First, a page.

UK Agriculture the last 100 years: historical statistics

27Jan2016

This note sets out important indicators of UK agriculture that have been published annually over this time. Together they give an indication of some of the ways that agriculture has changed in response to events over the last 100 years or more including the two world wars, the depression of the 1930s, the post-war boom and entry into the European Community. These long runs of data also give some historical context to more recent changes in agriculture including the dramatic fall in prices and farm incomes in the late 1990s, BSE and the outbreak of foot and mouth disease.

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The first proper agricultural census of Great Britain was taken in 1865 and has been carried out annually in June ever since. It still collects much of the same information on crops areas and livestock numbers. Official statistics on annual crop yields were first published in 1884, livestock products at the start of the 20th century and annual data on agricultural workers from 1921.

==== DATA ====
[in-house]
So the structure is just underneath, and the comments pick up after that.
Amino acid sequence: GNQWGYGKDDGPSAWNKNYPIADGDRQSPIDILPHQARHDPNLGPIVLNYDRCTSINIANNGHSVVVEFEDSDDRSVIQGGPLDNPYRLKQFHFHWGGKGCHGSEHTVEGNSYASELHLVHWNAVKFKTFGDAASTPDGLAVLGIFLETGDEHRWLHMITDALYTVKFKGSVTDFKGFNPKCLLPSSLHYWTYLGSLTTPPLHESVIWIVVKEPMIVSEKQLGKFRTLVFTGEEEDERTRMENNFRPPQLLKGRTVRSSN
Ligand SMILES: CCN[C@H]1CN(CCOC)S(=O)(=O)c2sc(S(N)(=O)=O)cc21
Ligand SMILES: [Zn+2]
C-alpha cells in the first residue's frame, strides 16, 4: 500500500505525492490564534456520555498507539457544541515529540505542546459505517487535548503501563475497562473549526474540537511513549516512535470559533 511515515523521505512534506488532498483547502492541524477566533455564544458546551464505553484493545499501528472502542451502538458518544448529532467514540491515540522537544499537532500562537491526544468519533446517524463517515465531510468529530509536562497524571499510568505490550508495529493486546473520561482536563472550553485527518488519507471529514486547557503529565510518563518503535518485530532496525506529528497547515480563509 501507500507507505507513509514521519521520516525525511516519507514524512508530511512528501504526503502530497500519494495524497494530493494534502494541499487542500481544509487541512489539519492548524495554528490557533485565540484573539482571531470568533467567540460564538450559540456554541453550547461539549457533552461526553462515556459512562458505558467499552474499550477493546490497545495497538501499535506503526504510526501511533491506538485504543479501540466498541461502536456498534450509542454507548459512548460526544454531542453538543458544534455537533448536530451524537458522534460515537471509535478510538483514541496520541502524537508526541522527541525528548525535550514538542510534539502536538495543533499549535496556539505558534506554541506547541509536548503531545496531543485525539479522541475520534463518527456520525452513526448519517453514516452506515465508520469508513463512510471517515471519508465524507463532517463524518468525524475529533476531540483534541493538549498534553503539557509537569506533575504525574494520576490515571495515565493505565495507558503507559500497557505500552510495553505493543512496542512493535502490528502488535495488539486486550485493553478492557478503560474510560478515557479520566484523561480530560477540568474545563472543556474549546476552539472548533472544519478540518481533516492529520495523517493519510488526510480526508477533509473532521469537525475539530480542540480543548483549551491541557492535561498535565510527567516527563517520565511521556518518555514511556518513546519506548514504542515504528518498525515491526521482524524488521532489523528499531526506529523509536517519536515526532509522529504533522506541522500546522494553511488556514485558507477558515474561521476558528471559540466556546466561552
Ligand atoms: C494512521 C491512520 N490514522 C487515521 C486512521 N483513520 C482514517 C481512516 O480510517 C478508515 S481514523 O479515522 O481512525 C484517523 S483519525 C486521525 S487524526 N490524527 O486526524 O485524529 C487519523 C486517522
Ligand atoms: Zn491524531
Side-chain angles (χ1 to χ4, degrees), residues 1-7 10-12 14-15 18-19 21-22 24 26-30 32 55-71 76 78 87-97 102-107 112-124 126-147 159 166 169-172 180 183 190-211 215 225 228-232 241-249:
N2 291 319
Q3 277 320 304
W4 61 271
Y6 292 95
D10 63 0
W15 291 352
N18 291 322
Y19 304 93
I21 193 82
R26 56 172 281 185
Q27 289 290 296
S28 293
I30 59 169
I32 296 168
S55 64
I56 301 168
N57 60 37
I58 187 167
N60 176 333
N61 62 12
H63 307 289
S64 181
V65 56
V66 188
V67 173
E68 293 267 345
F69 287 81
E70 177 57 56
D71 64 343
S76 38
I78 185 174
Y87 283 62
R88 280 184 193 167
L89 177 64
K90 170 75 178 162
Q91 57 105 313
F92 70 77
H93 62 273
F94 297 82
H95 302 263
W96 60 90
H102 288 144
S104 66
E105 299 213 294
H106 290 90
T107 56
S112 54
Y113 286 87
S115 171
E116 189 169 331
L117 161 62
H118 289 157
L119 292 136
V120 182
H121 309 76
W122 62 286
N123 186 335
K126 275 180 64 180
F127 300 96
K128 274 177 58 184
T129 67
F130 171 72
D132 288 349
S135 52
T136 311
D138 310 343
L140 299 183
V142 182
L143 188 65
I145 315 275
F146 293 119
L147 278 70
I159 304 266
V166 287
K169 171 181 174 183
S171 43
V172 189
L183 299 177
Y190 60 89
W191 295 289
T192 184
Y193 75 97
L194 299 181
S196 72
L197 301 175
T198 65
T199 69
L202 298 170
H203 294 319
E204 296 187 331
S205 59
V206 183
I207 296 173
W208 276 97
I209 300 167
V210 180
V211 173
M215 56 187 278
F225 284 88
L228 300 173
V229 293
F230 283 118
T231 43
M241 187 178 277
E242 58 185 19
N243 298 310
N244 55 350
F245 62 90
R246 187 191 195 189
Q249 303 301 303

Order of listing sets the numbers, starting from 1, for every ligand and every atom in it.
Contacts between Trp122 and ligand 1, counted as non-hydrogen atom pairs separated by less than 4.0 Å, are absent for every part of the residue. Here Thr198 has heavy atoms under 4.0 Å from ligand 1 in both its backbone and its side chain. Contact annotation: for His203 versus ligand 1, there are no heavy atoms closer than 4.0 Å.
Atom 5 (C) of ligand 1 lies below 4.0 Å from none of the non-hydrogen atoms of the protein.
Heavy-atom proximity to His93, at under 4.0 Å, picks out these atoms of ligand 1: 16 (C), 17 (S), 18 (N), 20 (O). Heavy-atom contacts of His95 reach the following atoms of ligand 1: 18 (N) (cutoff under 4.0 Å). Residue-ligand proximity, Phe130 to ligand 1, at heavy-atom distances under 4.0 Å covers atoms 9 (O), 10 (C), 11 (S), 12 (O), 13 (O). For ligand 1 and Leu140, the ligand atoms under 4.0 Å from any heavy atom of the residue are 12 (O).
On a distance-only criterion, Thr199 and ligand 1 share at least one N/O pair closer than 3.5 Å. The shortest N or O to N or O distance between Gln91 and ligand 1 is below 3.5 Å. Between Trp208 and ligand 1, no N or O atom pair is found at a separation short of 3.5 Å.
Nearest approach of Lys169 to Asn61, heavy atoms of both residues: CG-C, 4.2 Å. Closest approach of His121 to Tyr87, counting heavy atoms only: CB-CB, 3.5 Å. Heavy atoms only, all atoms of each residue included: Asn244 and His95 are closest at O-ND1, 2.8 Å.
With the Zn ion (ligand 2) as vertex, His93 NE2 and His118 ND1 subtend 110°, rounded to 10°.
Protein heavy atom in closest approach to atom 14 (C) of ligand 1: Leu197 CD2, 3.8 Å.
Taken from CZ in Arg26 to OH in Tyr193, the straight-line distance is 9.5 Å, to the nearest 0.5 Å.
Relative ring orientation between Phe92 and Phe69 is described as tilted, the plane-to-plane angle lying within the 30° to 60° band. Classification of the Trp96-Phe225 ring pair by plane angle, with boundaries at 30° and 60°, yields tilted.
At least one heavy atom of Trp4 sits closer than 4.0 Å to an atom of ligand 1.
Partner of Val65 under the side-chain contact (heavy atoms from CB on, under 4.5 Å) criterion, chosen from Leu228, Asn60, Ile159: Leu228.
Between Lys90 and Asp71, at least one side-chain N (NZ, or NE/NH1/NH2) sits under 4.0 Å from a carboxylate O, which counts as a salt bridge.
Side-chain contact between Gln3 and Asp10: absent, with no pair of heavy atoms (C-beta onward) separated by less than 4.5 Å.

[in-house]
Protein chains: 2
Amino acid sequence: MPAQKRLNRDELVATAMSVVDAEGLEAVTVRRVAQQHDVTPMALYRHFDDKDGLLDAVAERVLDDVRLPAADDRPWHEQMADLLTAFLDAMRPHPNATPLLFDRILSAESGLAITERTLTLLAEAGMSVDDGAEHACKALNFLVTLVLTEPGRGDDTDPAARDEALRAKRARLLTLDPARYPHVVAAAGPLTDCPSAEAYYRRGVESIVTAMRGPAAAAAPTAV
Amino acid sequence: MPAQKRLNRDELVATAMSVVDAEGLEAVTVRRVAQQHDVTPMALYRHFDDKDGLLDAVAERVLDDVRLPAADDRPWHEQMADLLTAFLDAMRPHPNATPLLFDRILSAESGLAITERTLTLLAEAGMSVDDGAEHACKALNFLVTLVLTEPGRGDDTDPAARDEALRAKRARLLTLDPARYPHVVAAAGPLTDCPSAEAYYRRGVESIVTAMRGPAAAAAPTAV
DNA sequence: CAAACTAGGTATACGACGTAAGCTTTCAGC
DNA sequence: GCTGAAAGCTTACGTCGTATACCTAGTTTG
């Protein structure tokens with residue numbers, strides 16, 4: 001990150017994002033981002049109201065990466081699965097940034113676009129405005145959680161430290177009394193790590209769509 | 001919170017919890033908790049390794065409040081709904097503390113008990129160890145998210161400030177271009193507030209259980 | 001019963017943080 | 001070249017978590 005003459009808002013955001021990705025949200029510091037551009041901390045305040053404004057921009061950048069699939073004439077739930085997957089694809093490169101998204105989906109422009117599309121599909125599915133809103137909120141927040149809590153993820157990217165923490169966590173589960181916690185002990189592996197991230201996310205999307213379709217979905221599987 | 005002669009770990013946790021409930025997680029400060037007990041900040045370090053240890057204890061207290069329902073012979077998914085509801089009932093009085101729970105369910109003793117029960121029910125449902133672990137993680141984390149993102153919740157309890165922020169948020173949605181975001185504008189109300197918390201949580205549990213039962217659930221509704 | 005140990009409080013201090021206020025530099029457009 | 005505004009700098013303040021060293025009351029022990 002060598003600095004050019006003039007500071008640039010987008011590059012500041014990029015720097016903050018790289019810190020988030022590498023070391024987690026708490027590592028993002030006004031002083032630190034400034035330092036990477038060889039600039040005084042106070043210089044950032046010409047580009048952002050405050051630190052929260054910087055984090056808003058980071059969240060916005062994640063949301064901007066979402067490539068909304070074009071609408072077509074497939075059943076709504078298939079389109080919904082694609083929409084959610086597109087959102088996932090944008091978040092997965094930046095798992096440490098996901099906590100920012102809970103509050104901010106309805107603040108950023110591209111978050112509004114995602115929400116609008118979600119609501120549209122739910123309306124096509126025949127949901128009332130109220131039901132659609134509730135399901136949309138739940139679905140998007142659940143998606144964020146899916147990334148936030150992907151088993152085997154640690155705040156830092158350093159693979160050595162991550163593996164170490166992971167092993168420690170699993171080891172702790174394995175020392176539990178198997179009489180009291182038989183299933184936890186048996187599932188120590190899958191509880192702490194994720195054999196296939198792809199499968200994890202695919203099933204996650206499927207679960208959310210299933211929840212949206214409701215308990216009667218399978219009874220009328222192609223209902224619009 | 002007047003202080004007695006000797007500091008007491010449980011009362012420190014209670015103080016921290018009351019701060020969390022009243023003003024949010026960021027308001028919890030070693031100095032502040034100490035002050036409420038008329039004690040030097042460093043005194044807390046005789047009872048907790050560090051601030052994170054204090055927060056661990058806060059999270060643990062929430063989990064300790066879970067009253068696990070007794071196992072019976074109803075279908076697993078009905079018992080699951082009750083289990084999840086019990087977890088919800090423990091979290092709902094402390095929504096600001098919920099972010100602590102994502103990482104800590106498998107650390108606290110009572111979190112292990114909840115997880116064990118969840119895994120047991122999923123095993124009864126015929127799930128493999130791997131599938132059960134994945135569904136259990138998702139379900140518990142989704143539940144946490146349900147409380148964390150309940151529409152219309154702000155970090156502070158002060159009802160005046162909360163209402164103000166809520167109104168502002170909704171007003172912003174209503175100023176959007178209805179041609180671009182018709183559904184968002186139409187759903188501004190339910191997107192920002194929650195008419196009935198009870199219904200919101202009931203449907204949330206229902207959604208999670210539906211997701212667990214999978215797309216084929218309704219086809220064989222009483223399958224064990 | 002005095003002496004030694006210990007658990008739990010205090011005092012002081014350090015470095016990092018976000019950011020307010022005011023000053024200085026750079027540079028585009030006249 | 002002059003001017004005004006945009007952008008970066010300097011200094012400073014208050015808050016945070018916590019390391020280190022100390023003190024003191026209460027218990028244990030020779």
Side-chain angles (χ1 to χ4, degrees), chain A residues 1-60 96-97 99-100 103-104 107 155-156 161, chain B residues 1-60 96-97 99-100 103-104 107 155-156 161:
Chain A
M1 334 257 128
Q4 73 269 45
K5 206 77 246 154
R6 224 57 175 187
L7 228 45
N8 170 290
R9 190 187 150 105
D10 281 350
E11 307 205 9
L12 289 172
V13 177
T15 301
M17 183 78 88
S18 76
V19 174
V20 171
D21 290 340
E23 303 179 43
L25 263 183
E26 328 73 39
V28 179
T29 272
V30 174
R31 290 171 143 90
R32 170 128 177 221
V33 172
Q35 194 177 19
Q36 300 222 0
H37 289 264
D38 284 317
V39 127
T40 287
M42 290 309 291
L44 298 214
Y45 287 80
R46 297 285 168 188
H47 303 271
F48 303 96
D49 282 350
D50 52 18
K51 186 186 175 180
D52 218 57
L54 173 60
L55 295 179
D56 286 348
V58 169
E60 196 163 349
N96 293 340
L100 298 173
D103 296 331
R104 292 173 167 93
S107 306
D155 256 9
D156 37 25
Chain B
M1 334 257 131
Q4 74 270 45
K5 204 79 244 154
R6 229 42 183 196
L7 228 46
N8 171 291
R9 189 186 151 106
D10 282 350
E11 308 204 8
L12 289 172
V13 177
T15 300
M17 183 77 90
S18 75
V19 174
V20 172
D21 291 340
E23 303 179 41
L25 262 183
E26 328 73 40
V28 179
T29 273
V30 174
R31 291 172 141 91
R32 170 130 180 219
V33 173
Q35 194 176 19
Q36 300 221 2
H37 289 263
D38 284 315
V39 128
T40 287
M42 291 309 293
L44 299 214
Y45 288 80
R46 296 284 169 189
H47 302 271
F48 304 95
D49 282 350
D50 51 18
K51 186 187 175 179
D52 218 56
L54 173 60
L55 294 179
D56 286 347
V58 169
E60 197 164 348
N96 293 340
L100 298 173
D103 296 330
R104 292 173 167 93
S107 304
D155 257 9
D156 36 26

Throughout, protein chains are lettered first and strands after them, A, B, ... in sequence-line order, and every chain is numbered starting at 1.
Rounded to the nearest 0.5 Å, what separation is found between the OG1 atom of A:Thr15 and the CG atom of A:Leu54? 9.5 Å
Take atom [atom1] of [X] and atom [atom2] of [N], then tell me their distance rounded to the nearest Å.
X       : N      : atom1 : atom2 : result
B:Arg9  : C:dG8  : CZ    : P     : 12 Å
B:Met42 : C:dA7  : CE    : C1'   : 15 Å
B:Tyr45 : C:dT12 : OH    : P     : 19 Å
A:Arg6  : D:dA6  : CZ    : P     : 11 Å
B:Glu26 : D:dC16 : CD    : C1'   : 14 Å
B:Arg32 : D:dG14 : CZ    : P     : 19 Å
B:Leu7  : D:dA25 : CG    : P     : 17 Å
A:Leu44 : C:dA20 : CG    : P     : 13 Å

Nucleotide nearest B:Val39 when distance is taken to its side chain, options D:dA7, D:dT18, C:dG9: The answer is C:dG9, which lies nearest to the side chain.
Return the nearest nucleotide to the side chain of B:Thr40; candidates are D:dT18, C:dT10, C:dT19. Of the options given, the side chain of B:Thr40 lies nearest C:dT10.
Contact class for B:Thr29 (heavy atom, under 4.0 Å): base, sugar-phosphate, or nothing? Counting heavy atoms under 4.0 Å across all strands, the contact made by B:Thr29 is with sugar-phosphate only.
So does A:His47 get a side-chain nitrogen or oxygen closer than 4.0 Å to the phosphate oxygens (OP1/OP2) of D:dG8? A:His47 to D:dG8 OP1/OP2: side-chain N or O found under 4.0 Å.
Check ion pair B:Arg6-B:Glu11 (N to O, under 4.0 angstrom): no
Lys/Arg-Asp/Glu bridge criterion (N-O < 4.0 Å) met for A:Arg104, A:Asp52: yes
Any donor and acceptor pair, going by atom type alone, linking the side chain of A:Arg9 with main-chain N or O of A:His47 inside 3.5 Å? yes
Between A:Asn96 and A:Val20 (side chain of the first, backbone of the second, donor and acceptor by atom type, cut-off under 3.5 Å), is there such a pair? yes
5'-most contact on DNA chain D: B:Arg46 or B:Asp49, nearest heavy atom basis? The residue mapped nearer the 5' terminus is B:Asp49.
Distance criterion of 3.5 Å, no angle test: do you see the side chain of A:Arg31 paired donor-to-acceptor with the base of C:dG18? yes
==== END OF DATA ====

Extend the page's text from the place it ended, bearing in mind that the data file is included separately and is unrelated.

This note sets out a small number of important indicators of UK agriculture that have been published annually over this time. Together they give an indication of some of the ways that agriculture has changed in response to events over the last 100 years or more including the two world wars, the depression of the 1930s, the post-war boom and entry into the European Community. These long runs of data also give some historical context to more recent changes in agriculture including the dramatic fall in prices and farm incomes in the late 1990s, BSE and the outbreak of foot and mouth disease.

A number of series, notably farm sizes and the use of chemical fertilisers and pesticides, are not sufficiently consistent or longstanding to include in this note. Most that are included have one or more breaks in their data. This is either because of changes to data collection which were intended to reflect changes in agriculture; improvements in methods of collection; or geographical change (the partition of Ireland for example). However, in most cases the impact is small and they do not limit the use of the data.

From Commons Briefing papers SN03339 Authors: Paul Bolton; Carl Baker